Our generation has confused freedom, as defined and understood by the Founding Fathers, with license. With regard to public discourse, however, one finds that speech is ever more limited by the current state of affairs. In examining our current public discourse and convention(s), it is necessary to delve into our own Republic’s history and those who established it, and the respective rhetorical philosophy they engendered.
Our Founding Fathers were men of great learning, products of the Enlightenment, and inculcated with the knowledge of the Classic Civilizations i.e. Greece and Rome. Having as their example the despotism of the English monarchy, the absolutism of the other European monarchies and the hegemony of the Roman Church, they strived to form a republic based on the best egalitarian ideals of Athens and the Roman Republic. As such, they were also well versed in the inherent weaknesses of each civilization. In addition, most all were products of the Reformation and well apprised of the recent history of the Roman Church. In truth, 29 of the 56 signers of the Declaration of Independence had seminary or Bible school degrees. They were desirous of founding a republic that was unencumbered by a state religion i.e. denomination, but one that had a strong Christian foundation. The veracity of this statement is well documented (and not the purpose of this writing); the organic record of the Founding Father’s writings is unequivocal regarding this intention. The raison d’être for this statement is germane to this writing, however. The Founding Fathers understood the difference between freedom and license. Furthermore, they understood that a democratic republic would not succeed if the people were not educated and moral. To quote John Adams (in a Presidential address to the military in October of 1798):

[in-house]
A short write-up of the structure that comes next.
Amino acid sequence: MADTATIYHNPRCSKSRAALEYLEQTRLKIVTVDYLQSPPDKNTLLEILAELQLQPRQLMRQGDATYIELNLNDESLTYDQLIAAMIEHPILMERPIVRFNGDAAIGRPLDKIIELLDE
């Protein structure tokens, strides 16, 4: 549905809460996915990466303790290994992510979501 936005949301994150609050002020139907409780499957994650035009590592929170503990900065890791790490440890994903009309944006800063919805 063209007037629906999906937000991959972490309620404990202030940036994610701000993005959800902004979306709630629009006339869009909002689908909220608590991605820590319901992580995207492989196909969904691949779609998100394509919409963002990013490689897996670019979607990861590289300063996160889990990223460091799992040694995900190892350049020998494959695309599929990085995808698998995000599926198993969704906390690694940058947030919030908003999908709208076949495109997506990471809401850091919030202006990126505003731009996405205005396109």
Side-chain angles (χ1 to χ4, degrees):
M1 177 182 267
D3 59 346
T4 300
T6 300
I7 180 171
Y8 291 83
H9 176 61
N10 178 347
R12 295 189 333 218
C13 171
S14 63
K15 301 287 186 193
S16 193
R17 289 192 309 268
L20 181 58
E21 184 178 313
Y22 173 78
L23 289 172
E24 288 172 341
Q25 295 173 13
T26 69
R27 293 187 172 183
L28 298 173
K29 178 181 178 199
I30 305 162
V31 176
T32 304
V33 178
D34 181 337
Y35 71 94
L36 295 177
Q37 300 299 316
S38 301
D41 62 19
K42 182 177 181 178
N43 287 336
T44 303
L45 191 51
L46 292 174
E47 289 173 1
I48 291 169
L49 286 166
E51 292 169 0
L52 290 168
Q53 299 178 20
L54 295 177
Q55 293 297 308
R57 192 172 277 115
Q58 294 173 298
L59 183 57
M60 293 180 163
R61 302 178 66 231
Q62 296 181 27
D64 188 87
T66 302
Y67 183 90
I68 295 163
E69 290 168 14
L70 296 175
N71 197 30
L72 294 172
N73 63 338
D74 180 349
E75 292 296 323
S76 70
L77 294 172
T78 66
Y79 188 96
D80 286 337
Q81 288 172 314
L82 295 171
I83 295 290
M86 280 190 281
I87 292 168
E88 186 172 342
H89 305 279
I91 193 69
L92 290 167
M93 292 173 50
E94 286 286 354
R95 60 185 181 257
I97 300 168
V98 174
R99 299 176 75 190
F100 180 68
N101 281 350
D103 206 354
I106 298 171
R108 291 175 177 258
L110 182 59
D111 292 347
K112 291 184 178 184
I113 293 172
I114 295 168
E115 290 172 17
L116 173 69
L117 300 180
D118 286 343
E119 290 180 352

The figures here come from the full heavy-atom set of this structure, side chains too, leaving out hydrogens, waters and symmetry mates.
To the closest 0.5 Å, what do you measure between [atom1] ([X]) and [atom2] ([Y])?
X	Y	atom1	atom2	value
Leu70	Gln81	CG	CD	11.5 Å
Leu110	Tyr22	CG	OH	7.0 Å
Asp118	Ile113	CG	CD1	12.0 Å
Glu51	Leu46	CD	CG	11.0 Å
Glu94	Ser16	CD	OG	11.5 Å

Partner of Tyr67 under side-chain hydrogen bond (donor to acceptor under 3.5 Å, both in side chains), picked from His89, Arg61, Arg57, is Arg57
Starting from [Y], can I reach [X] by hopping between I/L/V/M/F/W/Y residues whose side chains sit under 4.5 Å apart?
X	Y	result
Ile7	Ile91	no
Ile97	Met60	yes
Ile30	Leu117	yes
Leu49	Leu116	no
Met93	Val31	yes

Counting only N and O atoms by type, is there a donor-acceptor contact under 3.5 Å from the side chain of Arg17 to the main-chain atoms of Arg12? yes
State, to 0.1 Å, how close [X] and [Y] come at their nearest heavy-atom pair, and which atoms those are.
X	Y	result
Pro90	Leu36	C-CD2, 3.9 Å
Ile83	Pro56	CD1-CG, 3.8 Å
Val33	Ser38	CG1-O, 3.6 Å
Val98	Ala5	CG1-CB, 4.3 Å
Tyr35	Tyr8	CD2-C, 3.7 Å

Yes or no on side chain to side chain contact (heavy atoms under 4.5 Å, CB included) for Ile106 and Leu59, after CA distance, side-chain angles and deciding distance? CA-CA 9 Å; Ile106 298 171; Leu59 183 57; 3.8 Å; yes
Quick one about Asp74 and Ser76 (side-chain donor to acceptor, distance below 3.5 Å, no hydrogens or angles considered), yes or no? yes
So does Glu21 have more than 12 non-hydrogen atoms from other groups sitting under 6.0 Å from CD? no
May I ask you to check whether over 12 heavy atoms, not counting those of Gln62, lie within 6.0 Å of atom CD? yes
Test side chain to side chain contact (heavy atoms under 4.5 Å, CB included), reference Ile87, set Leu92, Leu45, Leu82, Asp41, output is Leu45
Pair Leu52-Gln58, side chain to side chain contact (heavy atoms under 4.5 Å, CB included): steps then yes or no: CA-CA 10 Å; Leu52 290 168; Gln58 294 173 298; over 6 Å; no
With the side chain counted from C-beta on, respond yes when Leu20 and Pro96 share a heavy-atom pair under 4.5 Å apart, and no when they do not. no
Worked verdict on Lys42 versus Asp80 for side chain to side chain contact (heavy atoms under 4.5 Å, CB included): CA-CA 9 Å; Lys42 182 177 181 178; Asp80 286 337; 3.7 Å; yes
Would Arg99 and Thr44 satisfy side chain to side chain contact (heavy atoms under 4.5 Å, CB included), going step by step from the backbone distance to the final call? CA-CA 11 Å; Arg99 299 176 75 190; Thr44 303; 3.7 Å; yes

“We have no government armed with power capable of contending with human passions unbridled by morality and religion. Avarice, ambition, revenge, or gallantry, would break the strongest cords of our Constitution as a whale goes through a net. Our Constitution was made only for a moral and religious people. It is wholly inadequate to the government of any other.”
Thus, the first public educational institutions in the Republic were all dedicated to the proposition that education is religious in nature and that the precepts of Christ be taught in all schools at all levels. The public school system was originally designed as a vehicle to promote responsible citizenry in accordance with these principles. At the university level, one need only read the charters upon which the institutions of Harvard, Yale and Princeton (to name but a few) were founded as evidence of this truth. Daily reading of the Holy Scriptures was mandated for the student as an integral part of education.
The survival of our constitutional Republic is incumbent upon the morality of the people. Freedom, by definition, is the ability to act and live as one chooses. The Founding Fathers understood that doing so, without moral restraint, involved serious consequences—both in ones’ personal life, and, by extension, for the Republic itself. They emphasized the concept that unrestrained actions lead to lesser freedom personally and tyranny politically. This is a lesson that our generation would do well to learn. Having dismantled the legal and social bulwarks that protected our Republic in former times, we now witness the demise of our civilization unabated and unhindered. Laws are passed to curb and regulate our behavior and society. Increasingly, the infringement and incremental encroachment upon our collective freedoms is facilitated by a government that is more than happy to increase its power under the guise of retaining law and order.
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